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Mobile Video Price Moves Seen As Sales Decline

After many years of high growth, 12-volt video sales declined last year, with many blaming OEM sales as the culprit.

According to NPD Techworld, Port Washington, N.Y., sales of mobile video dropped 20 percent in dollars and 22 percent in units for the ten months through October 2004. Total mobile multimedia sales numbered 409,000 units compared to 525,000 in 2003 and measured $202 million compared to $252 million in 2003. Oddly, average selling prices increased, according to NPD, from $480 in 2003 to $495 in 2004, although prices within most categories have fallen.

“The biggest factor is the OEM’s speed to market,” said Audiovox senior VP mobile electronics Tom Malone, adding, “[Car makers] determined very quickly that mobile video solutions are a strong aid to moving vehicles, so they offer it now in many more vehicles and there are far fewer opportunities in the SUV and minivan market than there were a year or two ago.”

A second factor, he says, is that portable video players that can be carried to and from the car have dropped significantly in price, down to $99or $129, where an overhead monitor/DVD might cost five times as much.

“In many cases, the customers don’t even make it to the 12-volt section of the store. So the retailers need to do a better job of showing that the portable is really a personal solution and then show the benefits of larger screens and multiple screens in the headrest. They need to let the consumer know there are many options in mobile video,” Malone said.

At least one specialist, Autosound of Lexington, Ky., disagrees. “Portable people are really infrequent users. Most people get tired of the big bags hanging off the seat. If they use it every day, they get tired of cords and wires,” said Harvey Wright, CEO of Autosound of Lexington, and president the Mobile Enhancement Retailers Association. Wright’s biggest concern is price and profitability, noting overhead monitor prices have fallen to a low of $399 for a top brand model, compared to $1,500 several years ago. “That’s what’s killing us. The biggest issue is the market competition,” he said.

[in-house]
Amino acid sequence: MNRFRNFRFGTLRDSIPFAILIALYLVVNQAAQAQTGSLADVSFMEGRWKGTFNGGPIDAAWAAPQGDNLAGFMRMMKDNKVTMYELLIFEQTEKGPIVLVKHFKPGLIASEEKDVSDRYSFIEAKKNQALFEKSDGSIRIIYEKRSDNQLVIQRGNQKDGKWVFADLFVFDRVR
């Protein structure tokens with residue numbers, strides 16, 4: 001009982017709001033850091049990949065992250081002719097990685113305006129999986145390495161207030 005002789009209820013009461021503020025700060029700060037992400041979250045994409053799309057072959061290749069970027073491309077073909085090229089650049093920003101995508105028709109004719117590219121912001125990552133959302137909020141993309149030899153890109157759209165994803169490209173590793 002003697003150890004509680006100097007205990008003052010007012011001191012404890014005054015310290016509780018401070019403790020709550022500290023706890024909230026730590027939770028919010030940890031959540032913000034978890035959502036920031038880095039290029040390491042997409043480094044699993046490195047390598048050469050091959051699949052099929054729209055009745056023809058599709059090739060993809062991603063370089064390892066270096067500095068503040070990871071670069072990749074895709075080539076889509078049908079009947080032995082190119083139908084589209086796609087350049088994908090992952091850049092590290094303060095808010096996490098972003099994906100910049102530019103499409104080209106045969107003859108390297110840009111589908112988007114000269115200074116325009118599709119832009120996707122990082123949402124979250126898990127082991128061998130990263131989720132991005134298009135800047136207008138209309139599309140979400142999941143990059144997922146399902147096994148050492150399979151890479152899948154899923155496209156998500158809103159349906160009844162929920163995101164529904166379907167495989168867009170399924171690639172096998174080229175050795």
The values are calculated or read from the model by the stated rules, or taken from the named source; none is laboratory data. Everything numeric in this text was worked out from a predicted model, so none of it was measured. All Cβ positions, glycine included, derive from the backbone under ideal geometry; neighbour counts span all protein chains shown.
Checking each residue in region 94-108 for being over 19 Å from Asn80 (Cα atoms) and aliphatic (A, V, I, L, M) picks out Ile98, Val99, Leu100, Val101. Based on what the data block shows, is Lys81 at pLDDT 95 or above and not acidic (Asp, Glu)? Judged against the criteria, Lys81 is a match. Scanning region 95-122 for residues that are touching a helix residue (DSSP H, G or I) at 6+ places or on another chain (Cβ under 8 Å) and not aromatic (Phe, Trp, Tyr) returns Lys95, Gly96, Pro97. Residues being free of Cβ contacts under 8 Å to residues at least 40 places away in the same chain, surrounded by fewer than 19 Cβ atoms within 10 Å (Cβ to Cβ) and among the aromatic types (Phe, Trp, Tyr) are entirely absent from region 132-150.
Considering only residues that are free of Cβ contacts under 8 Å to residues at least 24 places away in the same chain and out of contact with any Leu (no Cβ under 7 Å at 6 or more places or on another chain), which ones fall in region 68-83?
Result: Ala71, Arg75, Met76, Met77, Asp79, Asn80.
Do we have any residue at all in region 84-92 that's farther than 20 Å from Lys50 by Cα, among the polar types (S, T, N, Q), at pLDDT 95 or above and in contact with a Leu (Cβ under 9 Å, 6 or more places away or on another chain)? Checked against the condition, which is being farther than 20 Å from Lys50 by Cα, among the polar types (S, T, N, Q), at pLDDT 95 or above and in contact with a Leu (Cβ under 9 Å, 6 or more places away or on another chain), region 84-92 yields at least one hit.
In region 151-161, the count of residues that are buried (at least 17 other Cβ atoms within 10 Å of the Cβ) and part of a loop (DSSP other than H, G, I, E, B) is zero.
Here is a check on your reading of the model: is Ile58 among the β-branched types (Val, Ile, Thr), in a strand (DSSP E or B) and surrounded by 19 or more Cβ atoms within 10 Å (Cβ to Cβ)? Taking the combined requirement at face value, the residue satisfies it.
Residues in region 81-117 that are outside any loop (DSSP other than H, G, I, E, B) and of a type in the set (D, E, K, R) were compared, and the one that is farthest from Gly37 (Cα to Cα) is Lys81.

The fact that dozens of suppliers have entered the market recently, coupled with the fact that now the pie is shrinking, is expected to give way to discounting and price wars, said suppliers including Audiovox, Alpine and JVC.

“I think it will be a very competitive year,” said JVC GM mobile electronics Gary Defeo.

However, he pointed out that the declines shown in the NPD numbers may not be as severe as they look because NPD classifies the very popular Pioneer AVIC-N1 as a navigation unit, rather than a DVD player, although it may be used for both purposes.

As of September, Pioneer claimed that the AVIC-N1 had captured well over 50 percent of in-car navigation sales, crediting the in-dash DVD unit’s ability to play DVDs while performing navigation functions.